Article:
I think you can do basic research and applications. What makes it basic, and it seems like an oxymoron - basic research and applications - but what makes it basic is the degree of risk and the degree to which it is something industry cannot even begin to consider because the payoff is not only a one in 100 chance. Even if you could guarantee it would pay off, it would be a five- or ten-year investment. So our job - actually it should be MIT's job in general - is to do the research that industry cannot afford to do because it's too risky and too distant.

The Tech: The Media Lab is associated with a number of organizations including the Institute and cutting-edge businesses, like you said. Where do you think the lab fits and should fit within the different academic, scientific, and corporate worlds?

Negroponte: You know, the lab has to fit in different places from different perspectives. At MIT, we're an academic program that is very active. We have 120 graduate students. I believe we're still the highest UROP [Undergraduate Research Opportunities Program] employer on campus. That's a large academic program. Particularly large from my point of view because we guarantee all graduate students full tuition - full research associateships for the entire duration of their studies at MIT. That's from MIT's point of view: We're both a lab and an academic entity.

From the corporate point of view, I would like to think that we are the way that they can outsource their basic research. As companies downsize and cut back, one of the first things to go is research. Another phenomenon which is equally important is when you're in the area that we're in, you need multiple disciplines - you can't just hire 30 physicists or 30 computer scientists. You really need people who know about photography and film and music and sound processing. What we're able to do is provide that kind of heterogeneous environment.

Even take a company like IBM whose research is extraordinary. They are not in a position to hire the kinds of people we are because they're just too different. So they will hire predominantly computer scientists, mathematicians, and physicists and have a much more homogenous world. We get to do exactly the opposite, partly because we're part of MIT and partly because our sponsors are such a mixed bag of companies. So from the corporate point of view, we are basically presenting ourselves, and they see us, I believe, in this way - as a place where they can, at very low cost, still keep a finger in basic research into applications.

The Tech: In many ways the Media Lab and you have become spokespeople for the revolution in information technology. How has the increased attention on the lab helped it develop?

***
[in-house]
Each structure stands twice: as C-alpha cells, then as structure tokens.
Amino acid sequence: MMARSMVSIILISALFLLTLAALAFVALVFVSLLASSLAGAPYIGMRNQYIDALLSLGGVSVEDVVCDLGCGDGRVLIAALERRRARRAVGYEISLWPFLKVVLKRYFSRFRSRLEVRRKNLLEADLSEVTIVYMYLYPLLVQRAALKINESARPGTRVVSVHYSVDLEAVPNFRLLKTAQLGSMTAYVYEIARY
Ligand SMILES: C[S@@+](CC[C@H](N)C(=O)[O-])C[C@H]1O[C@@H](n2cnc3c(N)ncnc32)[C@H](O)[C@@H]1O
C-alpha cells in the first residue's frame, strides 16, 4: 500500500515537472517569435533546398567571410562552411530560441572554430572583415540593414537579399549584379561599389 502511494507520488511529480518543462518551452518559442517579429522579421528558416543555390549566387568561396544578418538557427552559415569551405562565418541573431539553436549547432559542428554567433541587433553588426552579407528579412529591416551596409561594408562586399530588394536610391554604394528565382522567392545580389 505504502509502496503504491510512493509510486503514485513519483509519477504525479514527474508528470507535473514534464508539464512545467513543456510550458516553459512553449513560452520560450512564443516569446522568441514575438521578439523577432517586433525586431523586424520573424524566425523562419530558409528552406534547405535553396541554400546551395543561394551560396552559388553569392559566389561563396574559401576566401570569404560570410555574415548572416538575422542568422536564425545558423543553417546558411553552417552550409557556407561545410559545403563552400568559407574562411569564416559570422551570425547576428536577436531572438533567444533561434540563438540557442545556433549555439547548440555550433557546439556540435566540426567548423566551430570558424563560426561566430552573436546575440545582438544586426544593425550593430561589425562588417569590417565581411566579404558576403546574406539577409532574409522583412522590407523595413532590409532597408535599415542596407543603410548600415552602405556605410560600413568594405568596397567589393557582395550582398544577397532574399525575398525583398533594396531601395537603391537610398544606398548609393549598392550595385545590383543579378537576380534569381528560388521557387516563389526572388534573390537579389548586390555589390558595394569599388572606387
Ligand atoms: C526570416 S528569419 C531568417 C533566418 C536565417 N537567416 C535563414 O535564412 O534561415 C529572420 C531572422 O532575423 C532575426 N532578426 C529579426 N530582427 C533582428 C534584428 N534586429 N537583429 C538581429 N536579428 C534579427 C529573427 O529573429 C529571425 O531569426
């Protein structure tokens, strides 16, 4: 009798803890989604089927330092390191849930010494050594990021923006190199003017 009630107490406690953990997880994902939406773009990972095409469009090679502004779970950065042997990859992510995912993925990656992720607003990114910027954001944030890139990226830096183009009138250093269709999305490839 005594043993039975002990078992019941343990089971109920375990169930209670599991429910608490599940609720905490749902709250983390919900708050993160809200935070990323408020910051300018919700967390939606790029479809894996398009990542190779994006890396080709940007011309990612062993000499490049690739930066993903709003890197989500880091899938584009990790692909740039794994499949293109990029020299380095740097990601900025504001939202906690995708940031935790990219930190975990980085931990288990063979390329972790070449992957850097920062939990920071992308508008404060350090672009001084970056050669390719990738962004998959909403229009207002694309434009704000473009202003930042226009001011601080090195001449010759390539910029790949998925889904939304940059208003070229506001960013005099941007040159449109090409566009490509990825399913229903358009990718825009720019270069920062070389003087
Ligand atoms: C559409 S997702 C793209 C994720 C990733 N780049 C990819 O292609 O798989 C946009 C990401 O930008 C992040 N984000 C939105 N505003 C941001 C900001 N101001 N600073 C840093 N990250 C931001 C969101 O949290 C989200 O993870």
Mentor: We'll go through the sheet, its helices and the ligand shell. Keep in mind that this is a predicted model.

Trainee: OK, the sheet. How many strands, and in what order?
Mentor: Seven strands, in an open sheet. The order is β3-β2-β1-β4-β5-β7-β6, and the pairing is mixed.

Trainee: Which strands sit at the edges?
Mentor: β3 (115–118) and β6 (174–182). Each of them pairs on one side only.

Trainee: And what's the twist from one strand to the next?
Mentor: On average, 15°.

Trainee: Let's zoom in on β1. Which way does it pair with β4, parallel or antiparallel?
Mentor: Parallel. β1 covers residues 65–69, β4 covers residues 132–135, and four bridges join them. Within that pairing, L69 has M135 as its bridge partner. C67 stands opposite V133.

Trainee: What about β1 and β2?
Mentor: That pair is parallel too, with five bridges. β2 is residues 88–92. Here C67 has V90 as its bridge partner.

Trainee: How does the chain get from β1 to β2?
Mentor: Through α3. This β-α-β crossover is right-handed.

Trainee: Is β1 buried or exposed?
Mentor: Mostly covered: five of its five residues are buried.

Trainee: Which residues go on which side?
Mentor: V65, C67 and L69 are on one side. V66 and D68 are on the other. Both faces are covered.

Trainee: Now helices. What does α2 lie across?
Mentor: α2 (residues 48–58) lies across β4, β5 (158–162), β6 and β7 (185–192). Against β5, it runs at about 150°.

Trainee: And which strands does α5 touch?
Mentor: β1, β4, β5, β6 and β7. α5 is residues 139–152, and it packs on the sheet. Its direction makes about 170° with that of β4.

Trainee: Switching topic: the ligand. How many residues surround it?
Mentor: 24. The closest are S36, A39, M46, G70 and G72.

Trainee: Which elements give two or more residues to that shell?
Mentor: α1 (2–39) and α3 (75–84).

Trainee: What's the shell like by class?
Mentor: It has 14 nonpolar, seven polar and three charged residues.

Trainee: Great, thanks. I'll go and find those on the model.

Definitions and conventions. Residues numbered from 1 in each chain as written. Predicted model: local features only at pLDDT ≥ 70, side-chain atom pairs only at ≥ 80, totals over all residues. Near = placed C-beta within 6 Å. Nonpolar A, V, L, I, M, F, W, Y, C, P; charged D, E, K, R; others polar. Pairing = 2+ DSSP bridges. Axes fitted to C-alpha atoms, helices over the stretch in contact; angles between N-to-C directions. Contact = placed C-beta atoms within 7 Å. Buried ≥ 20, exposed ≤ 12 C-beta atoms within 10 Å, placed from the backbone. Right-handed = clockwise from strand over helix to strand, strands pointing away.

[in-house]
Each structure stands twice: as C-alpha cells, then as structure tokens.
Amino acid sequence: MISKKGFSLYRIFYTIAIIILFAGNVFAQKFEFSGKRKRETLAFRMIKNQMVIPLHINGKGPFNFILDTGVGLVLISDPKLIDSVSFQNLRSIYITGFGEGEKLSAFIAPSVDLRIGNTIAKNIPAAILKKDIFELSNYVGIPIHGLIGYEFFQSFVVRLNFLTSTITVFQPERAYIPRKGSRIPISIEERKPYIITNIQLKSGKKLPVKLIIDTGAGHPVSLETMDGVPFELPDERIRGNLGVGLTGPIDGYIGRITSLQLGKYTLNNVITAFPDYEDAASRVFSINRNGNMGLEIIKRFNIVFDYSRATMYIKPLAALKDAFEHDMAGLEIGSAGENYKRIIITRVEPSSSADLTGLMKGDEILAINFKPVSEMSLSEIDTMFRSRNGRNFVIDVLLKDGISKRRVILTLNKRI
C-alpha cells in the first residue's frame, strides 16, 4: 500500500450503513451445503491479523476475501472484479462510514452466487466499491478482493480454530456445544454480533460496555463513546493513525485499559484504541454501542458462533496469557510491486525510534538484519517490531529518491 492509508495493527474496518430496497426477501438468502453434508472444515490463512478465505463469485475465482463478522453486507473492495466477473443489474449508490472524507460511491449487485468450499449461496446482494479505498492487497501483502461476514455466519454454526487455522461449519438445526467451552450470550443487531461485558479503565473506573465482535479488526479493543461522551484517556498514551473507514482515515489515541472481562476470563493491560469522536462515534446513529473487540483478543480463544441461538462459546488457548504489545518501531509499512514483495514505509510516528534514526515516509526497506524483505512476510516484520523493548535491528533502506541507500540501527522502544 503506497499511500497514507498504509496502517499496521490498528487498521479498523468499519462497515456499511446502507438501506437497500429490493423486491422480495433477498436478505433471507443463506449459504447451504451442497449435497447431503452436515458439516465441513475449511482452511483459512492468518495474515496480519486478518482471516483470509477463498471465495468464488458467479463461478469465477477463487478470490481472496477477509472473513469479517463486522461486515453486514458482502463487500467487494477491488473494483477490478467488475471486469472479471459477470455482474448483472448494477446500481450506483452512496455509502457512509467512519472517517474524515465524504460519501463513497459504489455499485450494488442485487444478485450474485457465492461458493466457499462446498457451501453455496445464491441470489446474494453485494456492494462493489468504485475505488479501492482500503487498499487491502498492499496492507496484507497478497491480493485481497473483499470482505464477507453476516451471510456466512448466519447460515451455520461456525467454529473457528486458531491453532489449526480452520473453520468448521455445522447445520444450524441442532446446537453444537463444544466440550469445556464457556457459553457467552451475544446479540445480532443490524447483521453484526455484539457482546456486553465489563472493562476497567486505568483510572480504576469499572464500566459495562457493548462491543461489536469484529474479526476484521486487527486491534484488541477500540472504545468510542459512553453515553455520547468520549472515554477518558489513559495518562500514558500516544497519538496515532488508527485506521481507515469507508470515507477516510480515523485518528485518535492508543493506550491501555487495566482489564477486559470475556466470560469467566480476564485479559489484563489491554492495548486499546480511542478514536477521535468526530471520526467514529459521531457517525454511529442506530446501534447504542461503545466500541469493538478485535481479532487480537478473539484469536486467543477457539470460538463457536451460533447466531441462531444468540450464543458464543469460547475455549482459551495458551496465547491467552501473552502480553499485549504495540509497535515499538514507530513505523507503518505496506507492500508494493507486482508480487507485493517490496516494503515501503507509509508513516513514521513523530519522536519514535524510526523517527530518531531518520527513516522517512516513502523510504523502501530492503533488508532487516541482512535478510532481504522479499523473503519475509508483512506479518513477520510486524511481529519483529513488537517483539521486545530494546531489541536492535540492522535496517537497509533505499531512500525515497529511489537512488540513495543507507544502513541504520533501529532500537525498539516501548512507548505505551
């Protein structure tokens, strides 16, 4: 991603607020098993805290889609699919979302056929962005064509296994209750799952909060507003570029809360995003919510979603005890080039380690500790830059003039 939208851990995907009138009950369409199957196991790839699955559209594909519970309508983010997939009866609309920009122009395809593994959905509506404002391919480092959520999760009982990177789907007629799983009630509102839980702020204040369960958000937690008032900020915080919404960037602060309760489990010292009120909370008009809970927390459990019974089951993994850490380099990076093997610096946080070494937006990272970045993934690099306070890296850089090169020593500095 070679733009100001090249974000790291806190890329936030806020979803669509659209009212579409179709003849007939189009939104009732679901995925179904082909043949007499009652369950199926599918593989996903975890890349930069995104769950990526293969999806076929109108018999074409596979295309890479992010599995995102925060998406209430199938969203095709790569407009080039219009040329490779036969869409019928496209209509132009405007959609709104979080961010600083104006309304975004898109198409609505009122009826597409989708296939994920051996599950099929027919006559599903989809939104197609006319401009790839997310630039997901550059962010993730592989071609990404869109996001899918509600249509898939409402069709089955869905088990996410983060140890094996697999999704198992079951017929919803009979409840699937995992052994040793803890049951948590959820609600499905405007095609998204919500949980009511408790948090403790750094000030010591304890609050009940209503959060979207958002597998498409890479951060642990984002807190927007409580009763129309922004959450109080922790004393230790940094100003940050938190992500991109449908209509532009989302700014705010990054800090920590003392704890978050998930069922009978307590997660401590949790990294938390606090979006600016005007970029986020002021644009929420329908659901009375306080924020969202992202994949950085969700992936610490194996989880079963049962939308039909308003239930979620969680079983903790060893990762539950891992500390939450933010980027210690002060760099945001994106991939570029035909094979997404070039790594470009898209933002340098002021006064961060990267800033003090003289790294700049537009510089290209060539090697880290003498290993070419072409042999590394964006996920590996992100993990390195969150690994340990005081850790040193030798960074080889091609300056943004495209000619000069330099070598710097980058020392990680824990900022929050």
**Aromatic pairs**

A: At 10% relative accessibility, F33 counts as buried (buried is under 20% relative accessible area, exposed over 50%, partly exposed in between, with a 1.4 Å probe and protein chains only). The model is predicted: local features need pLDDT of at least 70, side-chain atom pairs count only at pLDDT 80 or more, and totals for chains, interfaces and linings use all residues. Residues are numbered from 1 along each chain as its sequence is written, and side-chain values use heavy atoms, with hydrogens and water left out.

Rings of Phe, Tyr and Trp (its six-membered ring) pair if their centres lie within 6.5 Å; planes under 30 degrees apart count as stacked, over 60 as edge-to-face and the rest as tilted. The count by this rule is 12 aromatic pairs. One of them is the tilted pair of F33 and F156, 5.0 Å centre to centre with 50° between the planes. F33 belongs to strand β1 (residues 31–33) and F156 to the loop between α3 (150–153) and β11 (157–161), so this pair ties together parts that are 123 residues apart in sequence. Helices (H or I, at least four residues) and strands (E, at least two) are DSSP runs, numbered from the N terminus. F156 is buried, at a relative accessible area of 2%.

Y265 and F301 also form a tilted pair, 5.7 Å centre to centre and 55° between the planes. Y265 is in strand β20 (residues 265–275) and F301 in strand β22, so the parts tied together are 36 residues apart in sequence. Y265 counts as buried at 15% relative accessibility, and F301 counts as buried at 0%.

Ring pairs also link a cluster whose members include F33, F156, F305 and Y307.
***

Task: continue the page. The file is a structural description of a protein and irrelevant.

Negroponte: One of the reasons this has happened is because of Wired magazine and things like that. I'm not 100 percent sure that's good for the lab. Sometimes sponsors get nervous about things that I say in Wired magazine. And so we can enjoy a certain amount of high-profile sort of benefits. Most CEOs will answer my phone calls, but we also are always at risk of offending somebody. And the visibility is a double-edged sword. But I don't think it's correct to call us the spokesmen. I think we again just may have a view as recently as five years ago that was considered off the wall, and today it's considered right on the mark, and who knows where we'll be tomorrow.

The Tech: You cited Wired magazine. Wired was looking for support a few years ago, and you decided to help. Why did you believe in the Wired magazine concept?

Negroponte: Oh that's easy. I believed in the concept of Wired because the time was right. Their timing couldn't have been better. The business plan for Wired was just a no-brainer when it came to timing. What I couldn't have predicted when that happened was the quality of the two people who run it. The president and the editor of Wired have turned out to be just extraordinary and made that magazine an international success. Needless to say, I'm not unhappy that I financed it.

The Tech: With any technological advance, there's always some kind of downside. With what I've read about Things That Think, I see a lot of increased convenience but also lost privacy and opportunity for abuse. How does the Media Lab take into consideration the social ramifications of the technology it will bring?

Negroponte: You have to think of this building as a building full of inventors. You're not only at the pre-competitive stage of research, but you're also at the pre-social intervention stage. So a lot of people who work here will spend less time trying to understand the social implications and more time inventing and building and trying. In the case of the School of the Future program, you would basically intervene by trying something in the school setting.

From my own point of view, the part that I'm most concerned about is security and privacy. And I think that's pretty well shared as a view around the laboratory. There's a lot of work to be done there, some of which has nothing to do with science, some of which just has to do with pure politics and the American export laws, so it's a mixed bag. Security and privacy is a very big issue, and I think people really know that. On a political front, I'm certainly trying to lobby to change some of the laws that Congress currently has against the export of equipment.

The Tech: On your book, Being Digital, you have that binary code on the spine. Could you tell me a little something about that?

Negroponte: Sure. The code is a message. I mean it really is a message buried in there. At the time, I was writing a story for Wired magazine, trying to point out that when you embargo encryption of a certain strength so that drug dealers, pedophiles, and other sorts of criminals might not get their hands on them, you're fooling yourself. Because on top of any encryption, you can lay another layer of encryption. Not everything has to have a public key. I mean you can have a private key so you and I could agree on a few things, and I could then thereafter send you messages that nobody will ever be able to break.

And my point, which is sort of a simple one, was to put it on the back of the book and offer a $100,000 reward for anybody who could break it. The publisher thought that was a good idea but was nervous. And I said that I could cover the $100,000; it's just unbreakable.

It turned out it's against state laws to make that a competition. Some states have laws against competitions. Most of it depends on the state where you bought the book or read the book or where you broke the code, so in the end, we dropped it. There was never a competition. There still is something on the spine.

The Tech: Are you the only one who knows?

Negroponte: I'm the only one who knows.

The Tech: Somebody told me that you always wear a blue and white striped shirt

Negroponte: I just have an awful lot of them at home. We all have our idiosyncrasies. Some people insist on going to work and going to meetings with black ties and tennis sneakers.